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The HfP guide to British Airways First Suite

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This is your comprehensive guide to the new British Airways First Suite first class seat.

We have written this as a ‘reference’ article for the site, but we thought it was worth running in the daily feed as well. Our sister article on everything you need to know about British Airways Club Suite is here.

British Airways has achieved a number of “firsts” (pun intended) with its first class cabin, including the very first fully-flat bad in any cabin class on a commercial airline in 1995.

Since then, British Airways has iterated its first class seat a number of times. In 2020, British Airways launched an updated version of its first class seat – with a door – with the arrival of its latest 777s.

BA First Suite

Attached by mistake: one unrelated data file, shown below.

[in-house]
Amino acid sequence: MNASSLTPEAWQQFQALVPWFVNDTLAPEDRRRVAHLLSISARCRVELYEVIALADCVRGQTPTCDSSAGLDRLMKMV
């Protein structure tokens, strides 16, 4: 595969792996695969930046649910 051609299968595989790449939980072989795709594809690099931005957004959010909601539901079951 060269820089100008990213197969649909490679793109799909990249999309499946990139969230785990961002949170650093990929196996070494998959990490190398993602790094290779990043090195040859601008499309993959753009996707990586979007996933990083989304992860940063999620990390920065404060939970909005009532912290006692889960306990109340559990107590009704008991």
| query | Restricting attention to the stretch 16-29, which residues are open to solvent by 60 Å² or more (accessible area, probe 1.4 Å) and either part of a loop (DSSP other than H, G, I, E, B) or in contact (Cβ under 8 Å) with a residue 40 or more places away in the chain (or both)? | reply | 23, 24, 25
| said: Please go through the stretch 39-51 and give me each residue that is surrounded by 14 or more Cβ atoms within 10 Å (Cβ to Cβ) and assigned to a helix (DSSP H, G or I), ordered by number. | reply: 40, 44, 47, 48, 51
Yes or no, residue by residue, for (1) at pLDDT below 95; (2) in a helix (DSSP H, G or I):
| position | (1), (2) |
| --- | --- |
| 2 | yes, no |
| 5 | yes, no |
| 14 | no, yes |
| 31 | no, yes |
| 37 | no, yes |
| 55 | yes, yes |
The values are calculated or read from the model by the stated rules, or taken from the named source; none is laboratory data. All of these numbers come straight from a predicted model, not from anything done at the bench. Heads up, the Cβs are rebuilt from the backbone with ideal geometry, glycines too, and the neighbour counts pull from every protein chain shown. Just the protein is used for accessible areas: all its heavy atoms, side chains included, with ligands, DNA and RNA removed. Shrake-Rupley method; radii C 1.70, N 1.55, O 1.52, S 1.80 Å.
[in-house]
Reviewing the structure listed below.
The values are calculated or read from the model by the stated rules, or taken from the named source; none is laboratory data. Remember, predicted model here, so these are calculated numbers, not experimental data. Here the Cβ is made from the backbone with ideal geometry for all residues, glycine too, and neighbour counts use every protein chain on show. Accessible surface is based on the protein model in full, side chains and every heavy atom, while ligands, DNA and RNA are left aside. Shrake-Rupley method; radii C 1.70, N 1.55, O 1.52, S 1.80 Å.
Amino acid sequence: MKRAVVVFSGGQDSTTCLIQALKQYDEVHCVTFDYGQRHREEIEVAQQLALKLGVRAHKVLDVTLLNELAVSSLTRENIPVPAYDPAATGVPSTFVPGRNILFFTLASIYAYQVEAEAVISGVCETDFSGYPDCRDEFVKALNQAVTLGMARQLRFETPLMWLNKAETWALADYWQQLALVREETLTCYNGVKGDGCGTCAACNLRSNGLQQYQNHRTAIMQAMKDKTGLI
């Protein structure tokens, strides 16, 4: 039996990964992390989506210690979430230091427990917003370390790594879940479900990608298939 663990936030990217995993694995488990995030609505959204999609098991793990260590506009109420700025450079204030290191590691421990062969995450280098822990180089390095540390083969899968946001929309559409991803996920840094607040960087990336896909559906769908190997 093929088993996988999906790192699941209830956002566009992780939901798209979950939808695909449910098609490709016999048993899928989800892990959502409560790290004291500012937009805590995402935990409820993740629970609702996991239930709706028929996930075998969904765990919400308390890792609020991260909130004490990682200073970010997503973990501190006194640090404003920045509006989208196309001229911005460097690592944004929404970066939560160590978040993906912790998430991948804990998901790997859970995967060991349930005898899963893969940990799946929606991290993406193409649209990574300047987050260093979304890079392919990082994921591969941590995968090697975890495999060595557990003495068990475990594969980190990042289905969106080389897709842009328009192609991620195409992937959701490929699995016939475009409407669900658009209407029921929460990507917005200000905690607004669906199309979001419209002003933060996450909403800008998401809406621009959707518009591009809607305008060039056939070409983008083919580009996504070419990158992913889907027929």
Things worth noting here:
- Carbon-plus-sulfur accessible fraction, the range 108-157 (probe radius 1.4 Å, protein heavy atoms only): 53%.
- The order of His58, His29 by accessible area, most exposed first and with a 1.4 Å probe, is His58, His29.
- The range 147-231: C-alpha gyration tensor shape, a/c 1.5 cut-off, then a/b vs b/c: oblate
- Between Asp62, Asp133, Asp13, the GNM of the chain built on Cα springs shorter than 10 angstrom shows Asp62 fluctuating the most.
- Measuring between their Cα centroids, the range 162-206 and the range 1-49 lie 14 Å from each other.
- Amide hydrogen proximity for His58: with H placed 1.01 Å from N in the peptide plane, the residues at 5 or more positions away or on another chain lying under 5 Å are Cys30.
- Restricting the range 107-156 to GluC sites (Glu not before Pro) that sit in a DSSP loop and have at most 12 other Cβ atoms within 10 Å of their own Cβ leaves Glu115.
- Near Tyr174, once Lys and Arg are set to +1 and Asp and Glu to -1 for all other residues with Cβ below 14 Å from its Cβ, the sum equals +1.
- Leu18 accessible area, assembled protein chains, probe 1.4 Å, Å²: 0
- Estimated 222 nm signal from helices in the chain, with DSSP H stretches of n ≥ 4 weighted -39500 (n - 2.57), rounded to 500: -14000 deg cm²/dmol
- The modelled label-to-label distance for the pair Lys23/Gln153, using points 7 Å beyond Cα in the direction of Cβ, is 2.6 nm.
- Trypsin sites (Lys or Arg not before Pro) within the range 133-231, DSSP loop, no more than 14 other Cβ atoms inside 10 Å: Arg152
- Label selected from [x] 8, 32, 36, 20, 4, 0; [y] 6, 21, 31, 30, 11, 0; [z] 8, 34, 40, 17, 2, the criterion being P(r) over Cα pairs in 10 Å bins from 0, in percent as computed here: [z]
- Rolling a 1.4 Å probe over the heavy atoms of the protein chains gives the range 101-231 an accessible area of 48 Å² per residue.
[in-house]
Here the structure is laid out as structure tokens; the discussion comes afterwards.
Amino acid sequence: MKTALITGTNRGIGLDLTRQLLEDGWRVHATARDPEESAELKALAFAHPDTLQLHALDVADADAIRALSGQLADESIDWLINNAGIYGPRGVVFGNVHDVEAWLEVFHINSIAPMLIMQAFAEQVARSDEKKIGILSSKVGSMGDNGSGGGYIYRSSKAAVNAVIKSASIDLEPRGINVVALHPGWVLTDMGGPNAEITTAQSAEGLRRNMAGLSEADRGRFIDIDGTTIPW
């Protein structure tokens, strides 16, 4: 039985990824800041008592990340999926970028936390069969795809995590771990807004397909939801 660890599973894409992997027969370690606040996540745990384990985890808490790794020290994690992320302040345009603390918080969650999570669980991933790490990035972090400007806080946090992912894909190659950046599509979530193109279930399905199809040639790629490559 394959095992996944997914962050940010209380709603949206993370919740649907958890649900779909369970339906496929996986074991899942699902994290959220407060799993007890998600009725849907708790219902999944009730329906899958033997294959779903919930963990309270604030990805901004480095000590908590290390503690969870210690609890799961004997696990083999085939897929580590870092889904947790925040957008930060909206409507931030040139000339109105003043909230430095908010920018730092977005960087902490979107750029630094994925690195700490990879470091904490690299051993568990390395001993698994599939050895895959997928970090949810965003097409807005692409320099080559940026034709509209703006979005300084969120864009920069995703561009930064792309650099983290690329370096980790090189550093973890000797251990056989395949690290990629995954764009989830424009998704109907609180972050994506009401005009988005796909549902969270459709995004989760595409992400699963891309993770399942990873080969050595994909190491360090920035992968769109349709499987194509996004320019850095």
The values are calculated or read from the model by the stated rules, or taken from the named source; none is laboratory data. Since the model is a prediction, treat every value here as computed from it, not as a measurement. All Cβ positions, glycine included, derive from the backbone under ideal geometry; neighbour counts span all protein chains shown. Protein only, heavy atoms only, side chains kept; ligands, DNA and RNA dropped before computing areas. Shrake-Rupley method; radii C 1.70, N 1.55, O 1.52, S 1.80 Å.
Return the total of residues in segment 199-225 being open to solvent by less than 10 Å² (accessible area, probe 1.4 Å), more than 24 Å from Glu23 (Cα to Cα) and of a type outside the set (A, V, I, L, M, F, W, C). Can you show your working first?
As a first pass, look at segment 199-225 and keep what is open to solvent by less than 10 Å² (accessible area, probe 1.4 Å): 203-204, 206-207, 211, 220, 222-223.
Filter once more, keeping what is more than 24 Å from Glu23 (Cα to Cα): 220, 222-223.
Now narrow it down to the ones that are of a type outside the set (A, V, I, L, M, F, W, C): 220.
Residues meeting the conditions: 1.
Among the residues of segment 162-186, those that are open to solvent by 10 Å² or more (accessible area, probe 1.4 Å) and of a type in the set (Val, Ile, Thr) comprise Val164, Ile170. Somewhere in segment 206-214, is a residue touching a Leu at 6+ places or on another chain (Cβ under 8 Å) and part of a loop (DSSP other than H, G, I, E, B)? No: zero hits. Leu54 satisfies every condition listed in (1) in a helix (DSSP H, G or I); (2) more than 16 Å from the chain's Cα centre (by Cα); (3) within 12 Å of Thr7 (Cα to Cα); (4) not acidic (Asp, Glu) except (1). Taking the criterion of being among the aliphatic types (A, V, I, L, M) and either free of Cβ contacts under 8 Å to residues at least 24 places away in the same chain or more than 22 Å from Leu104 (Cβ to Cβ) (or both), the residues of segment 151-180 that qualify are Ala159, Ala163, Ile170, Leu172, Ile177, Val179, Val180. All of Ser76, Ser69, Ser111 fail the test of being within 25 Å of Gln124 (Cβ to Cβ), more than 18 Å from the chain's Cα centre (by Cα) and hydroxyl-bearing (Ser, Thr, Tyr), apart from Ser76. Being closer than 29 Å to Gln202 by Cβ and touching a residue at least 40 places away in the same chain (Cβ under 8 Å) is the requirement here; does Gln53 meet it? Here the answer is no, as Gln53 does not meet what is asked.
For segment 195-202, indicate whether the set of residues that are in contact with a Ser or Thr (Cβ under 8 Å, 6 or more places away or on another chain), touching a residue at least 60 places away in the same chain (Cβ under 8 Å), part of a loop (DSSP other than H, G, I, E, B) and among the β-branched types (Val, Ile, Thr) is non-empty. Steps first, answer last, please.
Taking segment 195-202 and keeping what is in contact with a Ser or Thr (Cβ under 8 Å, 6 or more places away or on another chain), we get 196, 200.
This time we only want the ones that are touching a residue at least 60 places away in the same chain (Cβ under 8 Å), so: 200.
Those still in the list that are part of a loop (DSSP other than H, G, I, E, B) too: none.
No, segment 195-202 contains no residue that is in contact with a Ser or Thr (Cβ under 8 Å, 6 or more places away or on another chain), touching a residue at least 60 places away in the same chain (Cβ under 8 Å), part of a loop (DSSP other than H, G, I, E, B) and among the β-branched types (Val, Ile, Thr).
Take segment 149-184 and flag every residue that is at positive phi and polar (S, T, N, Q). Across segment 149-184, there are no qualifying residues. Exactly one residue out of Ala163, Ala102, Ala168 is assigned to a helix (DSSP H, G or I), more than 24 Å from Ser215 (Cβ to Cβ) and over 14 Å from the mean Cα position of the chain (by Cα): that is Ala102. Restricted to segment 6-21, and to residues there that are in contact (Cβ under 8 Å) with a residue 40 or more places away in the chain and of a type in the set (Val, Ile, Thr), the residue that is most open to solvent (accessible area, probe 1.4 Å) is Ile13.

The new BA First Suite

Note that the 2020 First Suite is NOT the new first class seat tipped to launch with the arrival of BA’s 777X aircraft in 2023. It is simply a slightly modified version of the existing seat with the addition of a fully closing door and other minor improvements.

That means British Airways now has three offerings in First:

  • The ‘Prime’ seat was introduced in 2010 and is currently the oldest first class seat to be found on the British Airways fleet. You can find it on the A380 and the majority of the 777 fleet.
  • A modified ‘Prime’ seat was introduced with BA’s 787-9 fleet in 2015
  • In 2020, British Airways announced the ‘First Suite’, again modified from the 2015 ‘Prime’ seat but with a fully closing door.